By the numbers: Cards honor their No. 10 -- Tony La Russa
Here’s a nugget about former Cardinals manager Tony La Russa whose No. 10 will be retired Friday at Busch Stadium with all the pomp befitting the winningest manager in franchise history: He started his career with the Redbirds in the hole.
La Russa, who would steer the team to 1,408 wins — and two world championships — during his 16 years as manager, was 0-1 after the team’s first regular season game in 1996. The Redbirds lost the season opener to the Mets 7-6 at New York’s Shea Stadium on that April Fool’s Day, despite fourth-inning homers by first baseman John Mabry and right fielder Willie McGee.
La Russa’s Redbirds would hover around first place for most of his first season, ending with a winning record of 88-74 and finishing on top of the National League Central. But they would lose the league title to the Atlanta Braves in the seventh game of the series: a 15-0 battering at Atlanta.
In 2011 — La Russa’s last season managing the Cards — Atlanta was once again in the picture. This time, La Russa’s Wild Cards made a mad dash from 10.5 games out at the end of August to snatch the postseason wild card berth away from the Braves. And this time, there would be a dramatic but jubilant ending for Cardinal Nation and for La Russa who closed out his managerial career on Oct. 28 — Game 7 of the World Series — with a 6-2 win over the Texas Rangers.
La Russa, who announced his resignation on Oct. 31 — the day after the World Series victory parade — has said that he won’t manage again and is working as a consultant to Major League Baseball. The Cardinals have wasted no time adding No. 10 to the stadium’s wall of retired numbers once worn by the team’s greats. La Russa’s will be the 12th number retired by the 130-year-old franchise. (Can you name all 12? Click here for the answer.)
Here are 10 interesting numbers about No. 10:
.199: La Russa’s career batting average as a player in the major leagues. He played shortstop and third base, debuting in 1963 with the Kansas City Athletics and spent parts of five other seasons playing for the Kansas City/Oakland Athletics, Atlanta Braves and Chicago Cubs.
2: La Russa won two World Series with the Cardinals (2006 and 2011). He is the second manager to win World Series in both the American and National leagues. (Sparky Anderson is the other). La Russa is also ranked second in total number of games managed: 5,097.
3: La Russa ranks third in total major league managerial wins (2,728), behind first-place Connie Mack (3,731) and John McGraw (2,763), both in the Baseball Hall of Fame. La Russa is expected to join them in Cooperstown when he becomes eligible in 2013.
4: Number of times La Russa was named major league “manager of the year.” He won three of the awards with the American League. His 2002 National League award followed a trying year for the Cardinals: Beloved Hall of Fame broadcaster Jack Buck died on June 18. Four days later, pitcher Darryl Kile died of a heart attack in his Chicago hotel room while on a road trip to play the Cubs.
11: It may have been written in the stars that 2011 would be La Russa’s last with the Cards. After leading the Redbirds to their 11th World Series championship, the manager, who was known for his superstitions, might have had to trade in his No. 10 for a new number. Before his appearance on “Late Night with David Letterman” on Oct. 31 — the same day he announced his retirement — La Russa told KMOV about the special meaning of No. 10. He recalled the day he was introduced as manager in November 1995: “I stood up and said, ‘Look, the dream that I have is my number’s 10 I want to be part of the 10th world championship.’ ‘’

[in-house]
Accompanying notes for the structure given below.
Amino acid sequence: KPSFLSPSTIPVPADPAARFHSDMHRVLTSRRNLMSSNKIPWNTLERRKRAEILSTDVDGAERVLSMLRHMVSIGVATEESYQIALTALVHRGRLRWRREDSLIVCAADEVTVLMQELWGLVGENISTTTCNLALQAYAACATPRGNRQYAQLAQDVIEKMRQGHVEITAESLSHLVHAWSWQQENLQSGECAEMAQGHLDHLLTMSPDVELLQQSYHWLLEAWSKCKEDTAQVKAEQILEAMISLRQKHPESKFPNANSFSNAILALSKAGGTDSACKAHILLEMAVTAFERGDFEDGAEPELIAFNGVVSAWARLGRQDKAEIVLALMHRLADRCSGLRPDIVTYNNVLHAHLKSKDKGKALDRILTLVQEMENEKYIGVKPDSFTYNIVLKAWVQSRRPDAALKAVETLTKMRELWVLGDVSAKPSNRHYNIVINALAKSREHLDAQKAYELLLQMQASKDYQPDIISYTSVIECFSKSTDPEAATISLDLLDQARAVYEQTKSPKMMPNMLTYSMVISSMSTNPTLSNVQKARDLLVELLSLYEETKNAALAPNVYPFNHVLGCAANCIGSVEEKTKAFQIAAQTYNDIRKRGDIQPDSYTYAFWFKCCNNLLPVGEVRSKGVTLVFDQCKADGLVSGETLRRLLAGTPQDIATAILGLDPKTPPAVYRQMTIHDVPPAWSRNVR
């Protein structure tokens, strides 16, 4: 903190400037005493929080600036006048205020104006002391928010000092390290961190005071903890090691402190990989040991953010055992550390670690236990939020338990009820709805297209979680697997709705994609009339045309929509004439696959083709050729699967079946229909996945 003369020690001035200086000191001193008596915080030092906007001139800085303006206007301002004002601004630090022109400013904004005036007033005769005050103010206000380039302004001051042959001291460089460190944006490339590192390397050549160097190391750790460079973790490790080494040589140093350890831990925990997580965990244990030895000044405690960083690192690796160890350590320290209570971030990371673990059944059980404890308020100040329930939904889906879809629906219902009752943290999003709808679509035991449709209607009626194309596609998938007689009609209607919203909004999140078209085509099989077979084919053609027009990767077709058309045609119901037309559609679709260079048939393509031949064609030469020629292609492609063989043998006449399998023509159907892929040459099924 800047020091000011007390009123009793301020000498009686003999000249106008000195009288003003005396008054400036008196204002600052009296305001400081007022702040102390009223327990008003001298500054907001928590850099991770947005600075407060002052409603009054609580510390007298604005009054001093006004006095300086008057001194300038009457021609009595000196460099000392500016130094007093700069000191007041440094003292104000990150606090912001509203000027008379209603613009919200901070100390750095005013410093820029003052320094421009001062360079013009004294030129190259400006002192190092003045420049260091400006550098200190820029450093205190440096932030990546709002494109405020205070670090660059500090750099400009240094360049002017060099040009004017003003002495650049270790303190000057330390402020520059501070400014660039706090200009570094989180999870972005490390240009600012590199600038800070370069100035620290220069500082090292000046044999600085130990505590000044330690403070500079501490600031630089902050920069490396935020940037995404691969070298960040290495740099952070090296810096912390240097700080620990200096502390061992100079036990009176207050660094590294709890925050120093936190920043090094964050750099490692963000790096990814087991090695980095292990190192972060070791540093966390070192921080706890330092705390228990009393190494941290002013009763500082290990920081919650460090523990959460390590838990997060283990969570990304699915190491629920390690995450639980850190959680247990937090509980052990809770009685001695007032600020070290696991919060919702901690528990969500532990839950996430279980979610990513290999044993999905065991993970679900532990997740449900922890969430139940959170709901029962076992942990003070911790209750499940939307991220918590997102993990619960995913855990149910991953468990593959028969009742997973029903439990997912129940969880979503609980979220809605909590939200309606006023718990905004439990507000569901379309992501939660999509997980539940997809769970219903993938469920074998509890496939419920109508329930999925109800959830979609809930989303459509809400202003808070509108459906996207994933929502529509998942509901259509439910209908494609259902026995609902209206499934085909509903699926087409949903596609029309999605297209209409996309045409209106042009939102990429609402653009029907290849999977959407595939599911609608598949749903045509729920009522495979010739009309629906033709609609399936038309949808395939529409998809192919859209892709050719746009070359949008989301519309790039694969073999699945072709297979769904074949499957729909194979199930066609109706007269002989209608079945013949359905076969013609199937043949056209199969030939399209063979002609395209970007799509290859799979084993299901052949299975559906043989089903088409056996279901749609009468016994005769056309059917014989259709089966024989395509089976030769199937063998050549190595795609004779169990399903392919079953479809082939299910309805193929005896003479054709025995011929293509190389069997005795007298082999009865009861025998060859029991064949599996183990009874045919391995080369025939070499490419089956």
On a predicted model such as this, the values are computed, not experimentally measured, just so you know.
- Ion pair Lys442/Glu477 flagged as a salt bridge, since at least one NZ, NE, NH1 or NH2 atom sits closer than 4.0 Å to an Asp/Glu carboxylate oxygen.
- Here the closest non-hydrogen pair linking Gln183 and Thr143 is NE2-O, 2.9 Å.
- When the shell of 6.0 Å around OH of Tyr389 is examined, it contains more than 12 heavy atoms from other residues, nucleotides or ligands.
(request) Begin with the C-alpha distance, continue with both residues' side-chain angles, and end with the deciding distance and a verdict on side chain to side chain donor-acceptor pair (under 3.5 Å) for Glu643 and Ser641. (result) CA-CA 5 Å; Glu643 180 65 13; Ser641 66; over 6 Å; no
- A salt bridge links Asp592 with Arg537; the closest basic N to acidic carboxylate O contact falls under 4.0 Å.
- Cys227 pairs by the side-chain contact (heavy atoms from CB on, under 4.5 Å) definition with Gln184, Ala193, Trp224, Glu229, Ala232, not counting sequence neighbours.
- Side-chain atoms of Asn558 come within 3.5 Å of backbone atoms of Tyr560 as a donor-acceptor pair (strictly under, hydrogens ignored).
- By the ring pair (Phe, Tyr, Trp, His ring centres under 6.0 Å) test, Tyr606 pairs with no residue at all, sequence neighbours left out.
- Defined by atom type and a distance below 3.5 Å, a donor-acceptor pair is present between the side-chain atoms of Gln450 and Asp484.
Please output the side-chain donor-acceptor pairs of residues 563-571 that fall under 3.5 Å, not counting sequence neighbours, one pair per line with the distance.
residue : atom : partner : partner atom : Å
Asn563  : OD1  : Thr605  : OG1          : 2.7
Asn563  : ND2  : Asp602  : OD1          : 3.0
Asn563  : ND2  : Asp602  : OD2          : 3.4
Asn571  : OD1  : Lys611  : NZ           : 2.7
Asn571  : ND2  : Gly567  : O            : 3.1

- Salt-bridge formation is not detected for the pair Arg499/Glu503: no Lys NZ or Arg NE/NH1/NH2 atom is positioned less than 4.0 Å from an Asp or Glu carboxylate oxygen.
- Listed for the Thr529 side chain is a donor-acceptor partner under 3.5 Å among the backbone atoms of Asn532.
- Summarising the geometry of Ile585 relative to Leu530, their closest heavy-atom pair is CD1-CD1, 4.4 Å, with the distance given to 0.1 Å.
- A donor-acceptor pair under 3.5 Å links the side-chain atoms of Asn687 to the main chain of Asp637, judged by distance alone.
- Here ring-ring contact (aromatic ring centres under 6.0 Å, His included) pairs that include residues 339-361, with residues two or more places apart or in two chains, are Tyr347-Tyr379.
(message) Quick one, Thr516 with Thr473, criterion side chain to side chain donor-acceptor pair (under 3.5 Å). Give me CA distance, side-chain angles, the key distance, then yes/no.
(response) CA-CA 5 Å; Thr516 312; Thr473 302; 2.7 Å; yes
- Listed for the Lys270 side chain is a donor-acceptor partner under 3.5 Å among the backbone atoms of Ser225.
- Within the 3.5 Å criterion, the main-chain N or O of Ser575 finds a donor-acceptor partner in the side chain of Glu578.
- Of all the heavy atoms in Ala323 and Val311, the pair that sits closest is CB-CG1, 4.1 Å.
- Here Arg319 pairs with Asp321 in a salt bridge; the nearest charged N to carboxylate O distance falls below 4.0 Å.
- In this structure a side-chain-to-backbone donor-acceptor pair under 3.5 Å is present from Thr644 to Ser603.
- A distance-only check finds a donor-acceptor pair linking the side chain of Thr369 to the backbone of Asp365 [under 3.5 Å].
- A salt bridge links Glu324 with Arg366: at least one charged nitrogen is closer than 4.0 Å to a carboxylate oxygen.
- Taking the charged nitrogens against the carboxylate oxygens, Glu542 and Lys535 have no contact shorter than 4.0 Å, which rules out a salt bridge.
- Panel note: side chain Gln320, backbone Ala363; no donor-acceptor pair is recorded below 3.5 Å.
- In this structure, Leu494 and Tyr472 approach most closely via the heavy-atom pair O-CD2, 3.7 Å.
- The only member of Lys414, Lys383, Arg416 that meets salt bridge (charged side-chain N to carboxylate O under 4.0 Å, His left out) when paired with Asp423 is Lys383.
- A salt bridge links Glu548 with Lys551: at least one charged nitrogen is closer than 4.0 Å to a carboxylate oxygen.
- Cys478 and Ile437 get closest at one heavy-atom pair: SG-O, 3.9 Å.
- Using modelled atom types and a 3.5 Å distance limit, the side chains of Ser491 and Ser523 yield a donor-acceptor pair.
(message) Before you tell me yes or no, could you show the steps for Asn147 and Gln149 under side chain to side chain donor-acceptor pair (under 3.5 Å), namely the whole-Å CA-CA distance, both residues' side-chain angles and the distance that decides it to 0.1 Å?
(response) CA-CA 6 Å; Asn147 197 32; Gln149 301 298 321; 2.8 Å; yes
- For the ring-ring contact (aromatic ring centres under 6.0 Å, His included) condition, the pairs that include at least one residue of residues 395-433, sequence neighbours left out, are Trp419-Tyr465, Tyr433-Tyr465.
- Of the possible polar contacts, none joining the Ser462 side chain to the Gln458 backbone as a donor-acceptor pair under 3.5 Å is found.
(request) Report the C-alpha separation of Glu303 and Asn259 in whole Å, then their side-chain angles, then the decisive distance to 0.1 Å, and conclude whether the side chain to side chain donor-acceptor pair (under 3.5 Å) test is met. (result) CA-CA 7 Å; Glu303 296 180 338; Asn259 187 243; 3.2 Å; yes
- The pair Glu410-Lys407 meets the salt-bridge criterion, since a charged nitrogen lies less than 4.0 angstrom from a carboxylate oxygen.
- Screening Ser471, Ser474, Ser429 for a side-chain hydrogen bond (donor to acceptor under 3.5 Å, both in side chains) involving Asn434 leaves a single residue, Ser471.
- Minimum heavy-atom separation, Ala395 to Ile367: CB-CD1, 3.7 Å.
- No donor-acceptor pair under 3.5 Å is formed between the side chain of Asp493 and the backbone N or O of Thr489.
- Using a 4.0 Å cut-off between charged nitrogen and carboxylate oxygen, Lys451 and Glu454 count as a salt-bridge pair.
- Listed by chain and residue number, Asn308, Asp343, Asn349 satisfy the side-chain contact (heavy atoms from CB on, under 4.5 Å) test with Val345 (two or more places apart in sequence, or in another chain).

33: Number of seasons La Russa managed in the major leagues: He was named manager of the White Sox during the 1979 season and guided Chicago to an American League West division title in 1983. After the Sox fired him in 1986, La Russa was hired to manage the Oakland Athletics. He led the A’s to three American League championships and the 1989 World Series title. He left Oakland after the 1995 season and joined the Cardinals in 1996.
67: La Russa’s age when he retired. He was born in Tampa, Fla., on Oct. 4, 1944, where he played on an American Legion baseball team with a talented bunch, including former major league manager Lou Piniella and catcher Ken Suarez. According to the Tampa Bay Times, La Russa signed with the then Kansas City Athletics on the night of his graduation from Jefferson High School in 1962. He got a $100,000 bonus, a pledge to pay for college and a white Bonneville with black leather seats.
$180: going price of a baseball autographed by La Russa to benefit his Animal Rescue Foundation. La Russa, who is well known for his love of animals, founded the organization in 1991, with his wife Elaine. As the story goes, La Russa rescued a stray cat that had wandered onto the playing field during a May 1990 game between the Oakland Athletics and the New York Yankees. La Russa coaxed the scared kitty into the dugout. When he discovered there were no No-Kill facilities in the East Bay region of the San Francisco area, he and Elaine founded ARF.
1978: The year La Russa completed his law degree at Florida State University. Other Cardinals managers who were lawyers: Miller Huggins (1913-1917) and Branch Rickey (St. Louis Browns, 1913-15, Cardinals, 1919-25). La Russa holds another doctorate: In 2007, the University of Missouri-St. Louis awarded him an honorary doctorate.
July 10: La Russa will don the Birds on the Bat uniform for the last time when he manages the National League team in the 2012 All-Star game.